We had to pick the raspberries before the planes came. Soaking the whole mountain side in it’s toxic spray. The planes where a government funded project aiming at keeping the weeds down so that the valuable pines could grow tall, straight and fast. That’s were money was. Exporting long, soft from their fast growth, planks all over the world. State owned of course. Like everything back then.
We never knew the exact date they would arrive, so each day that wrapped up without them showing like a swarm of mosquitos on the horizon ended with an exhale stuffed with hope. There would be a new chance tomorrow. And maybe we’d find the time then and come home with old yogurt containers brimming full of red desire. It wasn’t something we did to sell, to bring to the market, besides all local markets where gone by the early seventies having been replaced by more practical and hygienic supermarkets. No, we picked them to keep. For ourselves. We’d delight in a bowl full the first night and whatever was left would be put in the big freezer box humming away like a white whale in the basement. And there they would sit, always in the elevated tray on the right hand side as you opened the lid, in a few plastic containers each with a patch of tape on the lid with information written by my mother stating it’s content and the day it was put in there.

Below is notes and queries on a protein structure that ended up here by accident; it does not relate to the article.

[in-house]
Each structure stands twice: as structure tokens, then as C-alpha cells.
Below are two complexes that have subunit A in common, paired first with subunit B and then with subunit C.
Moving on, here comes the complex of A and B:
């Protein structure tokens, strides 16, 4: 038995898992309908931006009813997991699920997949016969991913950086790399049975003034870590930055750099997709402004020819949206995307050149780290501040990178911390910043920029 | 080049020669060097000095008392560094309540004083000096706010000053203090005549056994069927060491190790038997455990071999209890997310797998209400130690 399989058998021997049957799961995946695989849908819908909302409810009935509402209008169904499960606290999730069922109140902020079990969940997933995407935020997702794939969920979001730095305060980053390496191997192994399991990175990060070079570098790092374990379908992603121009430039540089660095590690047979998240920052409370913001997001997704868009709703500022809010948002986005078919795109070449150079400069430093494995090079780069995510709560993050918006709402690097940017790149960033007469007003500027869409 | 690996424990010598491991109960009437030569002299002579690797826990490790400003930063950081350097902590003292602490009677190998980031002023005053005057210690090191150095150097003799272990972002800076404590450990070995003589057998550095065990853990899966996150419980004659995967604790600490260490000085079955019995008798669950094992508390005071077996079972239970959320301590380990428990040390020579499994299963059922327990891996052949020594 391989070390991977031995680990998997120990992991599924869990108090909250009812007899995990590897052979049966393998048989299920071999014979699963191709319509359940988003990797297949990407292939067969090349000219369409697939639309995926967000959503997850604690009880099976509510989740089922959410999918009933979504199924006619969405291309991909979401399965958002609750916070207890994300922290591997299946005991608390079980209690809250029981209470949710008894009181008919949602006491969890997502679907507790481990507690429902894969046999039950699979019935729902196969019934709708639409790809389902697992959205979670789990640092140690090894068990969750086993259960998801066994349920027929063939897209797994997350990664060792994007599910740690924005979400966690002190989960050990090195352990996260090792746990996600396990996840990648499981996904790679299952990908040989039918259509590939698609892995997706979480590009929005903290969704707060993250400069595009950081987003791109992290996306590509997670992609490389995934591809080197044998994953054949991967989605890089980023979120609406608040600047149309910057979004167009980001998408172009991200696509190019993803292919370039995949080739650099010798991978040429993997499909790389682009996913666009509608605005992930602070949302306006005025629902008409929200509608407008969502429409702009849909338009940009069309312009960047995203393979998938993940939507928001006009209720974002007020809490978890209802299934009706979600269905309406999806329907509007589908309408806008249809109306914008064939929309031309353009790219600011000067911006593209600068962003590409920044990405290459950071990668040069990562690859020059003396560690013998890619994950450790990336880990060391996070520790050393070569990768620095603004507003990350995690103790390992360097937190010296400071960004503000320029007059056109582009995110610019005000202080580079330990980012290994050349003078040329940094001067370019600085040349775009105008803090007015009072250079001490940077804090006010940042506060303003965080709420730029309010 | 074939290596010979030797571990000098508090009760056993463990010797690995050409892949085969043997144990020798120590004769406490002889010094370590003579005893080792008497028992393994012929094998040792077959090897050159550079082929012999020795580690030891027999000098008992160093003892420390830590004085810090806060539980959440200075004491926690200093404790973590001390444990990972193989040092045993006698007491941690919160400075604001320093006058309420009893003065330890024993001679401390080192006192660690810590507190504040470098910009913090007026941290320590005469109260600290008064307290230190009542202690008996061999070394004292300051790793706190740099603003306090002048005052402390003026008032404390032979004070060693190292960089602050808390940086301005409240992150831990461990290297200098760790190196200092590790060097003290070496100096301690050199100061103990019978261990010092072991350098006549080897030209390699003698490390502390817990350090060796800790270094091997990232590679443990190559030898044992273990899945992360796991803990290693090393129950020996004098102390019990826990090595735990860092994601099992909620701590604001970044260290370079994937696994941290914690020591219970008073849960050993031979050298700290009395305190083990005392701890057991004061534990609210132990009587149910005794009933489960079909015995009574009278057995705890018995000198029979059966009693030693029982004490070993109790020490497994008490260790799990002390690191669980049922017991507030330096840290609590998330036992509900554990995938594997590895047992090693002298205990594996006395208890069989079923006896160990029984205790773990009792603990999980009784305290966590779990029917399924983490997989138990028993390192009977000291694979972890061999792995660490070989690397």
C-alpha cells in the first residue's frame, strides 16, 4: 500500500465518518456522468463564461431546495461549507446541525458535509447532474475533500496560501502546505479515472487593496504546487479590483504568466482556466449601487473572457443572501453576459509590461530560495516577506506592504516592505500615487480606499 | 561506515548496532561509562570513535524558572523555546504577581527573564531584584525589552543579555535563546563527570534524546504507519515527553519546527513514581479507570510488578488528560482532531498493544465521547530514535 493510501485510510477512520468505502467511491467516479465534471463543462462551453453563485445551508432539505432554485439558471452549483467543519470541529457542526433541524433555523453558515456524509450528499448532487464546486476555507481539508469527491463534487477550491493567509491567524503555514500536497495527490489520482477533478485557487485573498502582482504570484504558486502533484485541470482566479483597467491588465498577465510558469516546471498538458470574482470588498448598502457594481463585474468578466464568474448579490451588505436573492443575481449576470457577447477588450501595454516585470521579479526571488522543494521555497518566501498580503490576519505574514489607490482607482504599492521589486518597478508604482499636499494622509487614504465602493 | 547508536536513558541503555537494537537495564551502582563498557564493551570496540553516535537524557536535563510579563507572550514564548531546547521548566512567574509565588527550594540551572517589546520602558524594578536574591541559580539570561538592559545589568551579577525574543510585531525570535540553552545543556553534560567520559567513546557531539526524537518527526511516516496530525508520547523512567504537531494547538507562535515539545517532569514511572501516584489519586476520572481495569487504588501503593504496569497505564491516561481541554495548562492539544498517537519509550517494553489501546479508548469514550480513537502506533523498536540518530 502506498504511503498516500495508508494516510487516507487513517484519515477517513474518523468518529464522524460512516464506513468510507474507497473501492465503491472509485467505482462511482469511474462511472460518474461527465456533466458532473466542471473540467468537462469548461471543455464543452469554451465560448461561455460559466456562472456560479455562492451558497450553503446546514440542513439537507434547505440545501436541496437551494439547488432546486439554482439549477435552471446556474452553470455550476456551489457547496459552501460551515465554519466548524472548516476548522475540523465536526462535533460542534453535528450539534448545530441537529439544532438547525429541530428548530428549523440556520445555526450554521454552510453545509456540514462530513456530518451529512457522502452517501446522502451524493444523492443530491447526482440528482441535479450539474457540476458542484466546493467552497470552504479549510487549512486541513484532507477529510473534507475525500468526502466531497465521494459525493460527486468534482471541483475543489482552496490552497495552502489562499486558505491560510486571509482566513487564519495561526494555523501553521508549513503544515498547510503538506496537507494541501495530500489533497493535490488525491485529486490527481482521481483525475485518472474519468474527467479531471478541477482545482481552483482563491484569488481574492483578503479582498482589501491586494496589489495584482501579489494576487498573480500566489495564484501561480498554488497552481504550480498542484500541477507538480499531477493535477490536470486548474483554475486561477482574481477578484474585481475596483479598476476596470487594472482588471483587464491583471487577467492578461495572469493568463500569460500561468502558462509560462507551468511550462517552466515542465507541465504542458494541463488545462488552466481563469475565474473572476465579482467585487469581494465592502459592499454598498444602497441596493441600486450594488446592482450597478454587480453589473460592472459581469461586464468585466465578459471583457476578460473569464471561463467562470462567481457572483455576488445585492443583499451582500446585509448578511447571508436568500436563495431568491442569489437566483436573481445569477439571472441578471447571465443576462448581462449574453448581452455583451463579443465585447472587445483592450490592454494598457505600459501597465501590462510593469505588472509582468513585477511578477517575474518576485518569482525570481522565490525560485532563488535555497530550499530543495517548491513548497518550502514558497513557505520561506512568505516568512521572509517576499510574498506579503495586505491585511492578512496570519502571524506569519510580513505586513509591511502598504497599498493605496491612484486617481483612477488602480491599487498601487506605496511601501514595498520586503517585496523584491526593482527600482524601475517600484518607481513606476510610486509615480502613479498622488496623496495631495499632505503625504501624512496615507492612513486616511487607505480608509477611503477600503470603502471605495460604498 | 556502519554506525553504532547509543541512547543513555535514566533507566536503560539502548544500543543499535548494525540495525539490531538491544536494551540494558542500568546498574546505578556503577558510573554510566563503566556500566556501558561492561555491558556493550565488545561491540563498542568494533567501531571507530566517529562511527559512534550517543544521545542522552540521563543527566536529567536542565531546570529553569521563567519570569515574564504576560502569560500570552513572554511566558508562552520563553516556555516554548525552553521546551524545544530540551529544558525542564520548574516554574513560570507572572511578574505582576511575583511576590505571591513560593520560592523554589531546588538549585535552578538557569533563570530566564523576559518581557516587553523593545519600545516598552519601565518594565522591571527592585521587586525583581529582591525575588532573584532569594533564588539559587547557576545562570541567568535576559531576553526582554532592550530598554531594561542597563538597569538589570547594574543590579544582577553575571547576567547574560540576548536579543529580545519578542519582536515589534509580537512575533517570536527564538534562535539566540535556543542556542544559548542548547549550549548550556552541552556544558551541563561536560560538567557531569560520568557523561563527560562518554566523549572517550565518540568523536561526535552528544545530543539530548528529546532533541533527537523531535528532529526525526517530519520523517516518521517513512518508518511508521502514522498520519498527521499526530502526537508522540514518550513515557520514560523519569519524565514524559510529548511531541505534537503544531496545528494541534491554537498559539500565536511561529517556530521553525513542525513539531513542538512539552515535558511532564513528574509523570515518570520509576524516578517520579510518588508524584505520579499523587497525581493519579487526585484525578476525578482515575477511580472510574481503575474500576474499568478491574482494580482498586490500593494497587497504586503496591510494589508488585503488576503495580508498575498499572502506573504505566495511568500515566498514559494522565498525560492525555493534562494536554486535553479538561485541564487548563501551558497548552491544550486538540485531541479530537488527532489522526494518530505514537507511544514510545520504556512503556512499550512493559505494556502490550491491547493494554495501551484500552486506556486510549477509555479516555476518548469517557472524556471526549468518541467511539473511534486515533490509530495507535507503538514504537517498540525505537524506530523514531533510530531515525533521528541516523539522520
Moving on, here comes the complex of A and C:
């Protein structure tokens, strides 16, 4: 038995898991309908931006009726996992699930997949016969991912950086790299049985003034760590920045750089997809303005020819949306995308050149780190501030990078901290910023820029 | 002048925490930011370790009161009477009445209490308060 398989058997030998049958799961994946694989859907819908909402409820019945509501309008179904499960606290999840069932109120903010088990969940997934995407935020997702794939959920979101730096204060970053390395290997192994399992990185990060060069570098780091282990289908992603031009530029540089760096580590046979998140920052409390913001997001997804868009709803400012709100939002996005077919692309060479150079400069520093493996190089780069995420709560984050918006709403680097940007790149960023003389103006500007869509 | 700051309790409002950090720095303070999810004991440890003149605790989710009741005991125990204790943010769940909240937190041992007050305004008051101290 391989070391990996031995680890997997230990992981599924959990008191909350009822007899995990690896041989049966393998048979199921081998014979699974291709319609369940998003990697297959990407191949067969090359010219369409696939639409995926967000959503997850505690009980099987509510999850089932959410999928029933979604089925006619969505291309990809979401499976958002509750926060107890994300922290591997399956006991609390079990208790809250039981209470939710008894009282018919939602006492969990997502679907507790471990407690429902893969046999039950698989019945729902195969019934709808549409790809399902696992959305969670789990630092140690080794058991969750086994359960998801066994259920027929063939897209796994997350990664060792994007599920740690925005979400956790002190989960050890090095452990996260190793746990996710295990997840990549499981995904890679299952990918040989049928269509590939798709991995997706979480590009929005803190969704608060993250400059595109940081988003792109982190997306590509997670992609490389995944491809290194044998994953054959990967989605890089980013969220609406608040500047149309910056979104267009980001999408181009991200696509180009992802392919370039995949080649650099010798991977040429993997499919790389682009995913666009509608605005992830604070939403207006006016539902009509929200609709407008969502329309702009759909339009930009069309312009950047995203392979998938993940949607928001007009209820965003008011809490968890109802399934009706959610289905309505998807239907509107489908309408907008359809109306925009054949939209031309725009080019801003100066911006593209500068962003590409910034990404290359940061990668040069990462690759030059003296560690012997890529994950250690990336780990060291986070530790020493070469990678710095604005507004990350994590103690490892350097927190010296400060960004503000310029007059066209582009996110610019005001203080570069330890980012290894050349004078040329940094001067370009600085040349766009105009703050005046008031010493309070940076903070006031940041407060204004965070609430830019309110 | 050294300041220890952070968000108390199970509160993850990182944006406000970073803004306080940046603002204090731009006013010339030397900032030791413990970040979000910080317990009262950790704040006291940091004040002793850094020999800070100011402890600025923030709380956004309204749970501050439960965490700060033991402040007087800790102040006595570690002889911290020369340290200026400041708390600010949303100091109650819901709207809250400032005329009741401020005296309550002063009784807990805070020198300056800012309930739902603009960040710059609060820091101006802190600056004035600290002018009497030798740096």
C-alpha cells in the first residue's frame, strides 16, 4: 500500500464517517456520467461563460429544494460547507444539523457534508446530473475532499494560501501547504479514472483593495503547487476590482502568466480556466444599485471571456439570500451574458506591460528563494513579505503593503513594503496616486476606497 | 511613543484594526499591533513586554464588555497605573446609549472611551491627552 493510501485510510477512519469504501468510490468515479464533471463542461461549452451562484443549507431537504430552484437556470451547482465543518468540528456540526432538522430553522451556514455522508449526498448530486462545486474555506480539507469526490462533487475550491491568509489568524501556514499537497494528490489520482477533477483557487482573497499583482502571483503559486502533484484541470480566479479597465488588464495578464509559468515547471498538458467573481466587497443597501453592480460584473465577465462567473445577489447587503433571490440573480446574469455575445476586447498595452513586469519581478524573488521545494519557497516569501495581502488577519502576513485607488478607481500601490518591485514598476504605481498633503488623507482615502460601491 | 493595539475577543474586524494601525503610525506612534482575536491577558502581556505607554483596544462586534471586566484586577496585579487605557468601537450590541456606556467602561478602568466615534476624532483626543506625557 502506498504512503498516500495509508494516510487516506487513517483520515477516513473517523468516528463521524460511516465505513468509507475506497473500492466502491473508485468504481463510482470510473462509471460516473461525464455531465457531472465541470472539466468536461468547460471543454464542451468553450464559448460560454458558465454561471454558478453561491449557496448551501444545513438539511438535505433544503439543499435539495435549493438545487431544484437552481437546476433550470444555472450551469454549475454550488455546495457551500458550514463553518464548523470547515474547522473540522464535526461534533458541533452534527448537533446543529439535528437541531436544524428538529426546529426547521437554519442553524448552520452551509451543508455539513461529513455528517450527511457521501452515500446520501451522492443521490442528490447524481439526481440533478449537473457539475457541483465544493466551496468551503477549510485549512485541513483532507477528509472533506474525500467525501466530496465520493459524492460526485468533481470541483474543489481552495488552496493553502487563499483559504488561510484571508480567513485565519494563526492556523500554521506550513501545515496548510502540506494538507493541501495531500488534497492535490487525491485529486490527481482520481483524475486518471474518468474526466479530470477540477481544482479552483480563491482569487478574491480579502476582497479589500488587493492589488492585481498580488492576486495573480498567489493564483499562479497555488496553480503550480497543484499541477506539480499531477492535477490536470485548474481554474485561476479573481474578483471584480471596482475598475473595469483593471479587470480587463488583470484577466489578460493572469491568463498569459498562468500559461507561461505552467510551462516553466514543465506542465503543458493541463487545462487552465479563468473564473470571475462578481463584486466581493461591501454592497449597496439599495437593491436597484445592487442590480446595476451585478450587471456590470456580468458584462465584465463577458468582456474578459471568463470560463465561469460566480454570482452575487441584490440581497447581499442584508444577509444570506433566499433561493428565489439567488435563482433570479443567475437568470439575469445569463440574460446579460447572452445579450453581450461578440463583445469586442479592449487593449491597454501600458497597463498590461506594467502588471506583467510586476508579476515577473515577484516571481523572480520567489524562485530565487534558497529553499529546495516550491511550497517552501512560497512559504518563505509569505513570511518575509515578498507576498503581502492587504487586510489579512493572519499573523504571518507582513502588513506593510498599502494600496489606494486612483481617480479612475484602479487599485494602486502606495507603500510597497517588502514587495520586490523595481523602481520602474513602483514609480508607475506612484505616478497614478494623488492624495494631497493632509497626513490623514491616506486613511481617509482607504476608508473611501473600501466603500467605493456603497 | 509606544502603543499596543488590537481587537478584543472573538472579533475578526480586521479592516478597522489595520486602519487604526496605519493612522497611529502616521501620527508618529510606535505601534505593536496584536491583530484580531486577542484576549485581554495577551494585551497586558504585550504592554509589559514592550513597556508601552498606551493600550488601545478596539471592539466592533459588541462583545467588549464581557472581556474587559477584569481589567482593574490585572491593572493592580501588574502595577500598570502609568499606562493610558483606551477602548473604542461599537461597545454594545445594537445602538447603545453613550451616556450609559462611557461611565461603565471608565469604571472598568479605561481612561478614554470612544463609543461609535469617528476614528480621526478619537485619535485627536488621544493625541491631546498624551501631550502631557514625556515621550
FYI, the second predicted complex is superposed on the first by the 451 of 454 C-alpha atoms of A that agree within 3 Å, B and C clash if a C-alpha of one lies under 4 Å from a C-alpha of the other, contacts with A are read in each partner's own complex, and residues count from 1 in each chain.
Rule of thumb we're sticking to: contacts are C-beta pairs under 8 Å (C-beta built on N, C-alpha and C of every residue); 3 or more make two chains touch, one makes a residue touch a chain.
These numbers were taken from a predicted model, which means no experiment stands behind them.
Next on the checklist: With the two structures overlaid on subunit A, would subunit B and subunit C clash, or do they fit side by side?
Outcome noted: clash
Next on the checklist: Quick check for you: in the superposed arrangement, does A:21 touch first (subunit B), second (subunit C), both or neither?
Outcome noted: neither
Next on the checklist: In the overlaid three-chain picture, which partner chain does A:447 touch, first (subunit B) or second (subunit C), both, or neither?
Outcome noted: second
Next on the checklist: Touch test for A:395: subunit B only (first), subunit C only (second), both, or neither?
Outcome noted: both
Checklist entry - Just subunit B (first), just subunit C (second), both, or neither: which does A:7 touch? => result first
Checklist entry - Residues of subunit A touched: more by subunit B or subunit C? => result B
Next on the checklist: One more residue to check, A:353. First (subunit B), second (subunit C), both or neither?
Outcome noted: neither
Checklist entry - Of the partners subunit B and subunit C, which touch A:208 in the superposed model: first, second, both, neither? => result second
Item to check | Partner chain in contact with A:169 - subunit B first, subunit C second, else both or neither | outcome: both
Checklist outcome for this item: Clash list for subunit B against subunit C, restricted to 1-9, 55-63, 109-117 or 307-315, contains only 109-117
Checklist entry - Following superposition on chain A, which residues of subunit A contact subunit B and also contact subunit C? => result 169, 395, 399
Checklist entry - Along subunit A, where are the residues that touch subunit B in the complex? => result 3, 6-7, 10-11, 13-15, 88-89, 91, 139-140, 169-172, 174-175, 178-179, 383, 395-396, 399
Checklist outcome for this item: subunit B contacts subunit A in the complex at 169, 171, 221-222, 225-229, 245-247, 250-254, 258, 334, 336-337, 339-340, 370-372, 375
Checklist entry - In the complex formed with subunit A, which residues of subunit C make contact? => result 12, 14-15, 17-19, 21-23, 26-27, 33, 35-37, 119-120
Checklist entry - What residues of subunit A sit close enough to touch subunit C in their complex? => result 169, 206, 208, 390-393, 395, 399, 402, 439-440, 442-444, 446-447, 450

There were never a lot of berries, that wasn’t the point. It was what they represented to us that had meaning, that to this day can invoke the feeling of a very cold raspberry sitting in between my front teeth. I’d sneak down there, keeping the lights off so that my whereabouts would be a secret. I’d feel my way to the freezer box. Lifting the lid just enough to find the tray and grab a box. The room suddenly a cool blue from the light spilling out. Then dark again. I would open the box and take one, never more than one. I would then close my eyes and slowly bite into it and my head would explode into summer. Everything would turn red and possible. Happiness would lure behind images of tall grass getting played by the wind, endless days by the river. Mum and dad talking quietly in the kitchen, doors open to the patio on the back. The one dad built from logs discarded by the railroad, not knowing they where full of pesticides. Or maybe he knew but couldn’t afford to care since we were always short on money. Red and possible. Light nights and beautiful voices. I would let the juices spread over my tongue trying to make it last as long as possible. Eventually it would fade and either I would open my eyes or swallow and it would be gone. Surrounded by the damp cold and the dark corners ( where all unnamed things lived ) of the basement I would be right back in November, or February, even April on some particularly harsh winters. They were tiny morsels of hope. That’s what they were. The raspberries. Of summer and light of course. But also of a different kind of life. Of something better that I didn’t know but dreamed was possible. Far from the valley where we lived. Far from never ending winters, from shaking the wallet we kept in a kitchen drawer to see if something might be stuck in a crease somewhere, from waiting for parents that were always at work. Just far from. My hopes and dreams riding on the tiniest red, raspberry flavored current to a place made from sun, barbies, wall hung telephones, matching socks, two children families and soda streams.